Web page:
The national delinquency rate is edging back down toward pre-pandemic levels, say researchers at Black Knight, whose July mortgage performance report showed a month-over-month 5% drop, landing at 4.14%, putting levels down by nearly half since last May.
Delinquencies have now improved in 12 of the last 14 months, with the only two monthly increases being calendar-related as opposed to being indicative of worsening performance, Black Knight reported.
The number of serious delinquencies were still significantly elevated as federal foreclosure moratoria expired at the end of July.
Some 1.45 million borrowers remained 90 or more days past due, but not yet in foreclosure, entering August, which makes more than 1 million more than at the onset of the pandemic. Most of those seriously delinquent borrowers are in forbearance plans.
After dropping by more than 150,000 over the past two weeks, Black Knight recorded active forbearance plans increasing slightly for the week ending August 17, in what they say has become a well-established mid-month trend.
The Tuesday-Tuesday 11,000 overall increase was driven entirely by a 12,000 rise in plans among portfolio/private-label securities loans and offset by a 1,000 decline in forbearances among Fannie Mae and Freddie Mac loans. Federal Housing Administration and VA plan volumes remained flat from the previous week.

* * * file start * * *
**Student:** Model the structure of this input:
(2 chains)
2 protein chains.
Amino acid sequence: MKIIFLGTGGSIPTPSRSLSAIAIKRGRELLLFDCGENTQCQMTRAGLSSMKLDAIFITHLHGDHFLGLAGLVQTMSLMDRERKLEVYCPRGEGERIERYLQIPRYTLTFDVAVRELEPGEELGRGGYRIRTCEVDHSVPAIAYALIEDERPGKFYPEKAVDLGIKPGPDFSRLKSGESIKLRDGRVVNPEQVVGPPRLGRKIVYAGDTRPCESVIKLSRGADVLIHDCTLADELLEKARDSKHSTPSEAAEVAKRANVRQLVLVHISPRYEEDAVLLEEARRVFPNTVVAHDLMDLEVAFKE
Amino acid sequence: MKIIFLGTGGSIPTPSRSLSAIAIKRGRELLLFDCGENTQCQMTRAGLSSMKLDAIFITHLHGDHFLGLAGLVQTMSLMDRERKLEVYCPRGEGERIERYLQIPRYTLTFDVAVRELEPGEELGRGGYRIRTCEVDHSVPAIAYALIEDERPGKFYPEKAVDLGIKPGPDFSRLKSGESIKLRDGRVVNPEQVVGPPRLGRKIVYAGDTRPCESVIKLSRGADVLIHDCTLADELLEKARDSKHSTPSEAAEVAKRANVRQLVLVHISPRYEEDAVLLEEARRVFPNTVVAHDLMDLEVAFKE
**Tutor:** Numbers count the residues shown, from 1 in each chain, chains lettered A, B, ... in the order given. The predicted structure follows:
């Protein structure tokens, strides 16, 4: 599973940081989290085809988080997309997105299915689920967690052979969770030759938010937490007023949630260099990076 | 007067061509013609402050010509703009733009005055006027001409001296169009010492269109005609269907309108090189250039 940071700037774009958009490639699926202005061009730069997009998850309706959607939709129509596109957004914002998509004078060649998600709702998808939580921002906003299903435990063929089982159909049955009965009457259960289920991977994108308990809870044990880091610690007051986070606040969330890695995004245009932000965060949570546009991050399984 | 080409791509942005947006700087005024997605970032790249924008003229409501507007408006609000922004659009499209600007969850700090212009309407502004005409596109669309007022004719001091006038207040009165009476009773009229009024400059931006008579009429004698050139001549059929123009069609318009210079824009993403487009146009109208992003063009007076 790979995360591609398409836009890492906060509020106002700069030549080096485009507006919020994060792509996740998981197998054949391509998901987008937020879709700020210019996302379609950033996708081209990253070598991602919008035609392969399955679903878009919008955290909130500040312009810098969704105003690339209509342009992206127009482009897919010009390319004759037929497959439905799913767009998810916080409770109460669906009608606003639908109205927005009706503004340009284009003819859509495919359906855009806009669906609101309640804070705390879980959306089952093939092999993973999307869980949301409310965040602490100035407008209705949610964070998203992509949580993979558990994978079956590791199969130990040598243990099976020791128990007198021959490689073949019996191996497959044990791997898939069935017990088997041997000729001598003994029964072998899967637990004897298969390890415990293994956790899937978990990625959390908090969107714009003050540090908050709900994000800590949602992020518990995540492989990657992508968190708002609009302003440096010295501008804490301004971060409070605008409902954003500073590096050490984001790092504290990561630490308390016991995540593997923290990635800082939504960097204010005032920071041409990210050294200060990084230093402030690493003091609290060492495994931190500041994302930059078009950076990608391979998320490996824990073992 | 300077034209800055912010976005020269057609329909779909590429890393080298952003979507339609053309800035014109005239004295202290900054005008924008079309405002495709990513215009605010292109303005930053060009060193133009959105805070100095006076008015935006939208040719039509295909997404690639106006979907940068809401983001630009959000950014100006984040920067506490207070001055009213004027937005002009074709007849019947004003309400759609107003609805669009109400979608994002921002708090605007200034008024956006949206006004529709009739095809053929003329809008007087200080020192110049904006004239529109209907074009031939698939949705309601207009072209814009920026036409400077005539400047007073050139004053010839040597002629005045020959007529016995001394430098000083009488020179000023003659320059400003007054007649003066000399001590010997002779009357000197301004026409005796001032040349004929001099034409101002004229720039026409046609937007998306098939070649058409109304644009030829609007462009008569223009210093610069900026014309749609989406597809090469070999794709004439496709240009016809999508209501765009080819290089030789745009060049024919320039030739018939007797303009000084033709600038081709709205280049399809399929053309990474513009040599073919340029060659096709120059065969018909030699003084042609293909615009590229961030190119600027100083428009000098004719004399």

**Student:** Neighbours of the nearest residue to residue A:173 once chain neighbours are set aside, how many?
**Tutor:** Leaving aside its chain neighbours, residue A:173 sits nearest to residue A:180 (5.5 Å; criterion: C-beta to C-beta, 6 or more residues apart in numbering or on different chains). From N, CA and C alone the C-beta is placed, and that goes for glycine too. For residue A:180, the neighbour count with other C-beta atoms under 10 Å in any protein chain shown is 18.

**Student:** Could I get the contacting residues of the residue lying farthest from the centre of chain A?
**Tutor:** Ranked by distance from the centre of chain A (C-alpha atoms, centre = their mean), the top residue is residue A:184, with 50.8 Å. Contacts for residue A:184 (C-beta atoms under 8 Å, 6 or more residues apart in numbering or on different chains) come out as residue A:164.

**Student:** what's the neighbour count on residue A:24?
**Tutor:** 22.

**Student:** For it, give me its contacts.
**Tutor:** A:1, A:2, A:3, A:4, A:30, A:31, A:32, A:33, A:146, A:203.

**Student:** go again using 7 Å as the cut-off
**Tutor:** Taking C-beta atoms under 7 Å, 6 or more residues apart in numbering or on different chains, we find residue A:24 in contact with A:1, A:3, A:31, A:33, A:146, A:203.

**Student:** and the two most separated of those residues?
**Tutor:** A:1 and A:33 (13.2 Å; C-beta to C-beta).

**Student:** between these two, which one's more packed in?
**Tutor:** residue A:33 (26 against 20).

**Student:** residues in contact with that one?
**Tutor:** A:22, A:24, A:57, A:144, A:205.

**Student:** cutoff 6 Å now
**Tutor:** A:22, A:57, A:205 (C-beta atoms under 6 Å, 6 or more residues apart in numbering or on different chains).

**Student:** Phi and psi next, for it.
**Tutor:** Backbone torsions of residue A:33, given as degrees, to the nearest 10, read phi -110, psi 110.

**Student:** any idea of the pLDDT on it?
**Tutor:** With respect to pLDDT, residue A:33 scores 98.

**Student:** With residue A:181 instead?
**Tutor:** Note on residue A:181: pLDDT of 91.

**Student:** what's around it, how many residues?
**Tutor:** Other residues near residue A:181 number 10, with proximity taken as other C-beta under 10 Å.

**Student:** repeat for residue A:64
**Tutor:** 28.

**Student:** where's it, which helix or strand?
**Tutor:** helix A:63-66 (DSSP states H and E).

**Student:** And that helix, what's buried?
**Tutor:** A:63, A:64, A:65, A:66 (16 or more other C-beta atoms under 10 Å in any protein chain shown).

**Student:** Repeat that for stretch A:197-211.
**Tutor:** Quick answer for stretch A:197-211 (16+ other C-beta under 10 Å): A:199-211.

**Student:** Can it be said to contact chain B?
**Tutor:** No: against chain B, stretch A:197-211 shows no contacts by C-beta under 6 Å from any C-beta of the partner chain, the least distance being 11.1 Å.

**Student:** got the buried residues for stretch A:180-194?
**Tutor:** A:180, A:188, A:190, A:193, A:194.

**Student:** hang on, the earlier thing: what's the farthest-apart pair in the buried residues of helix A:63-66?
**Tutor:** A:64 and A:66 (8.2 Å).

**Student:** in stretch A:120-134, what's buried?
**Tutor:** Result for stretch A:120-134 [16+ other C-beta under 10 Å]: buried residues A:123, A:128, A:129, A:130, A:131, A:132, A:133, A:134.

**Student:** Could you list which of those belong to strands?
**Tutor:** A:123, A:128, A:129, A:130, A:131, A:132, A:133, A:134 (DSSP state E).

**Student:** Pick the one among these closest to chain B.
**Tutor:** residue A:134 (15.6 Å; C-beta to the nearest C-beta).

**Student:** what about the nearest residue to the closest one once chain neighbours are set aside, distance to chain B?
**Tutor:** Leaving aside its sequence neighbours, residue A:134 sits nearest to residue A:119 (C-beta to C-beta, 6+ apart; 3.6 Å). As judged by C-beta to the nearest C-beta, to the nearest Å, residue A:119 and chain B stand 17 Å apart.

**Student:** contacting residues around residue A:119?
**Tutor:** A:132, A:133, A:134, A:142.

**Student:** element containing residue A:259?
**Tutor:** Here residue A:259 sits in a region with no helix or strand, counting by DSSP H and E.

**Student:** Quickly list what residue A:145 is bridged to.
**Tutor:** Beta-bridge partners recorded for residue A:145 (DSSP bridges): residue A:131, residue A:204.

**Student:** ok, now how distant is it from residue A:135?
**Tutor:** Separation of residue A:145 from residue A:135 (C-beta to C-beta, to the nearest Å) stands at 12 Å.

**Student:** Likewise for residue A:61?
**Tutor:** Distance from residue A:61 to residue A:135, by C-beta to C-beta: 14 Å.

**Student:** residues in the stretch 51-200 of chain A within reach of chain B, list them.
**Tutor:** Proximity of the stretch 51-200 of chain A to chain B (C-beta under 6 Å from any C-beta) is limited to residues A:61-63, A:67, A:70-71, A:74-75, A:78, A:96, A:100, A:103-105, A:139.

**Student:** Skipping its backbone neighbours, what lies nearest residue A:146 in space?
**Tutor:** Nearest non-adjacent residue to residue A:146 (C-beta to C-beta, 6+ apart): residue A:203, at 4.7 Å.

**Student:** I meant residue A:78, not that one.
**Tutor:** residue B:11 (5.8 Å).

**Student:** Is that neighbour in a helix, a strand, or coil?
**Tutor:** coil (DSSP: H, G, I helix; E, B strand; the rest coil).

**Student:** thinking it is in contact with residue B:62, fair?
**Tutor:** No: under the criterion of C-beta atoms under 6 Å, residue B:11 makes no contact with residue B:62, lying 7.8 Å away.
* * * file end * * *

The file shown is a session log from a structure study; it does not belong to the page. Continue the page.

Altogether, 1.75 million borrowers remain in COVID-19-related forbearance plans, according to Black Knight’s McDash Flash, which has been tracking activity since the onset of the pandemic. That population includes 1.9% of FHFA, 5.8% of FHA/VA, and 4% of portfolio-held and privately securitized mortgages.
Returning to monthly metrics, foreclosure starts stayed muted in July, the final month of the foreclosure moratorium on federally backed mortgages, down 58% from the same time last year. While the number of loans in active foreclosure fell by 5,000 to yet another record low, potential foreclosure activity in the coming months warrants close observation, as many experts have reported. And even should there be a surge in foreclosure filings, homeowners have a buffer in the form of home equity that will allow them to sell in a market that strongly favors them.
"Increased numbers of foreclosure starts may not result in a similar number of bank repossessions," said Rick Sharga, EVP of RealtyTrac at ATTOM, which recently broke down foreclosure activity in densely populated metros. "Homeowner equity is at an all-time high, and many financially-distressed borrowers should have the opportunity to sell their homes—probably at a profit—rather than lose them to a foreclosure auction."
After rising in June, prepayment activity slid by 11% in July, according to Black Knight's mortgage performance report. However, low 30-year rates in recent weeks have resulted in a modest resurgence in refinance incentive which may impact August prepay numbers.